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I'd be interested in the part of OP's question about whether pieces of used inner tube would work as patches -- assuming vulcanizing glue? I guess the inner tube piece would also have to be sanded? Maybe run a whole tube across a belt sander for a few minutes and then chop it up?
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Old 08-17-16, 08:59 AM   #21
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@okane, you quoted me from a few years ago. In the years since I wrote that, I've had some patches fail that were put on with Elmer's, so I retract my recommendation. If it's all you have, use it, because it works most of the time.

I found that I can buy a large can of vulcanizing fluid at an auto parts store. When I patch at home, I use that. When I patch on the road, I use a thin tube of glue that comes with patch kits. But as others have noted, once you open it, it can dry up, so it's time to buy another. At that point, it makes sense to use the glue in the tube if the tube is already open.

@dwmckee (hi, how are you?), I've tried making patches out of inner tube, but it didn't work. I'd love for someone to explain why.
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Old 08-17-16, 10:30 AM   #22
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Rema has an excellent reputation (deservedly so), but any glue that actually has vulcanizers should work well. You can slow down the drying-out by 1. closing the lid tightly, 2. putting the can in a ziplock bag (or better a glass jar with a tight lid), and 3. keeping it in a refrigerator.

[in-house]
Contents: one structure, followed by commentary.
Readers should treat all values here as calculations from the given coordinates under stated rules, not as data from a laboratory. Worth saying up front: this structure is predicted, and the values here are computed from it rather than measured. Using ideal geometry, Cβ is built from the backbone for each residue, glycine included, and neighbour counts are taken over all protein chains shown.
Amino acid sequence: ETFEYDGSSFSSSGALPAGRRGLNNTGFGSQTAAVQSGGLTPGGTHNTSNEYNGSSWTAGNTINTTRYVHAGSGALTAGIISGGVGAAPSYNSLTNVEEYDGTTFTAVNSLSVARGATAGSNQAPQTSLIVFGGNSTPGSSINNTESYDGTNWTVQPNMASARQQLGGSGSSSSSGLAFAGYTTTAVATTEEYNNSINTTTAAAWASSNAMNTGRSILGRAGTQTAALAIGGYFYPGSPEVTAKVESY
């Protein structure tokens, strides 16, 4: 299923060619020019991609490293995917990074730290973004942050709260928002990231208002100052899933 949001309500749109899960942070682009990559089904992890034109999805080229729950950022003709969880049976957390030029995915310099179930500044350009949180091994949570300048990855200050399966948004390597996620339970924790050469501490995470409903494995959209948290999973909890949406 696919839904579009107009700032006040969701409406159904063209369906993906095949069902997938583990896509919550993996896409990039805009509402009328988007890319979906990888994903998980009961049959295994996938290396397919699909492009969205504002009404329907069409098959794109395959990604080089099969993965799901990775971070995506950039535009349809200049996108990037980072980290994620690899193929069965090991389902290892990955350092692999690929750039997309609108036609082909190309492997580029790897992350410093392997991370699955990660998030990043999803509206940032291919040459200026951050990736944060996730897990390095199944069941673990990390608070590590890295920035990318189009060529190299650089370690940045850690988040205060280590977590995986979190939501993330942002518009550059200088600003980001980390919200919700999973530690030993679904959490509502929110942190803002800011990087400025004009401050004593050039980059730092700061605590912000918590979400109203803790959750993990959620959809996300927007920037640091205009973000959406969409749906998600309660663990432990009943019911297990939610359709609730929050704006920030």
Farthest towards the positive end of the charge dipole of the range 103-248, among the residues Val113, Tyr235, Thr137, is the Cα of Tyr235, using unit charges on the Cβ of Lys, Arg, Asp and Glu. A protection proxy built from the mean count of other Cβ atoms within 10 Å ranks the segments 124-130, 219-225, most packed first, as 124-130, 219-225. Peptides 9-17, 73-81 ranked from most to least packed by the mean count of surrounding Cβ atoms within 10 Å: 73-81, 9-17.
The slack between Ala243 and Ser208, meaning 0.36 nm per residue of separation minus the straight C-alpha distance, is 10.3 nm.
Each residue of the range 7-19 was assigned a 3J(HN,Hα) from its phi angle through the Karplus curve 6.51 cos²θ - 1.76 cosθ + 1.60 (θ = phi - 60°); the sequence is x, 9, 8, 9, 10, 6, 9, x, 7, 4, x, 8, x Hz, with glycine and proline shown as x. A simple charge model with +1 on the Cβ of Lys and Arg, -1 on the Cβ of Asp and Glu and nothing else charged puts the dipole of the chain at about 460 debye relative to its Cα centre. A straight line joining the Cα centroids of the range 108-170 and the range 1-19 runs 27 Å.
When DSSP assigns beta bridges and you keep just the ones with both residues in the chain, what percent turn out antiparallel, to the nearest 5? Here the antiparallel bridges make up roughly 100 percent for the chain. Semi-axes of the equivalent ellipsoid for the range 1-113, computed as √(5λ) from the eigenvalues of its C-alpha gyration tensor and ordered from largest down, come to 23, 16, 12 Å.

As for using old tube rubber for patches, to have a chance at success you'll have to tear apart some of the covalent bonds for the vulcanizer to work. Use coarse sandpaper with sharp grit to really roughen both the patch and tube. Thinner patches are better. I don't know how well it could work -- I've always had success with even cheap no-name-o patches when used with good glue, which permanently bonded to the tube.

Good luck.
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Old 08-17-16, 12:09 PM   #23
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I've tried patching tubes with tubes. Used a very light MTB tube as a donor. Hit it with a belt sander to take it evenly down to a matte black surface. Used a core punch to cut nice round patches. Applied double coats of vulcanizing compound to both surfaces.
Results were so-so. They held air at MTB-type pressures, but were quite easy to peel off. Performance-wise, about level with Park Tools self-adhesive patches.
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Old 08-17-16, 12:14 PM   #24
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I no longer remove the clear plastic. Leaving it on appears to have no ill effects. Makes the patches easier to handle w/o touching the orange surface. Some time in the tire removes the plastic automatically.
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Old 08-17-16, 12:18 PM   #25
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Lots of flats? Who gets those? Got goatheads? Try tubeless. No flats with normal thorns and such. 2 flats in 6 years of commuting with tubes. 1 flat in 4 years of tubeless mt biking( 2 different bikes) The tech is now available for commuter width rims and tires in tubeless setups.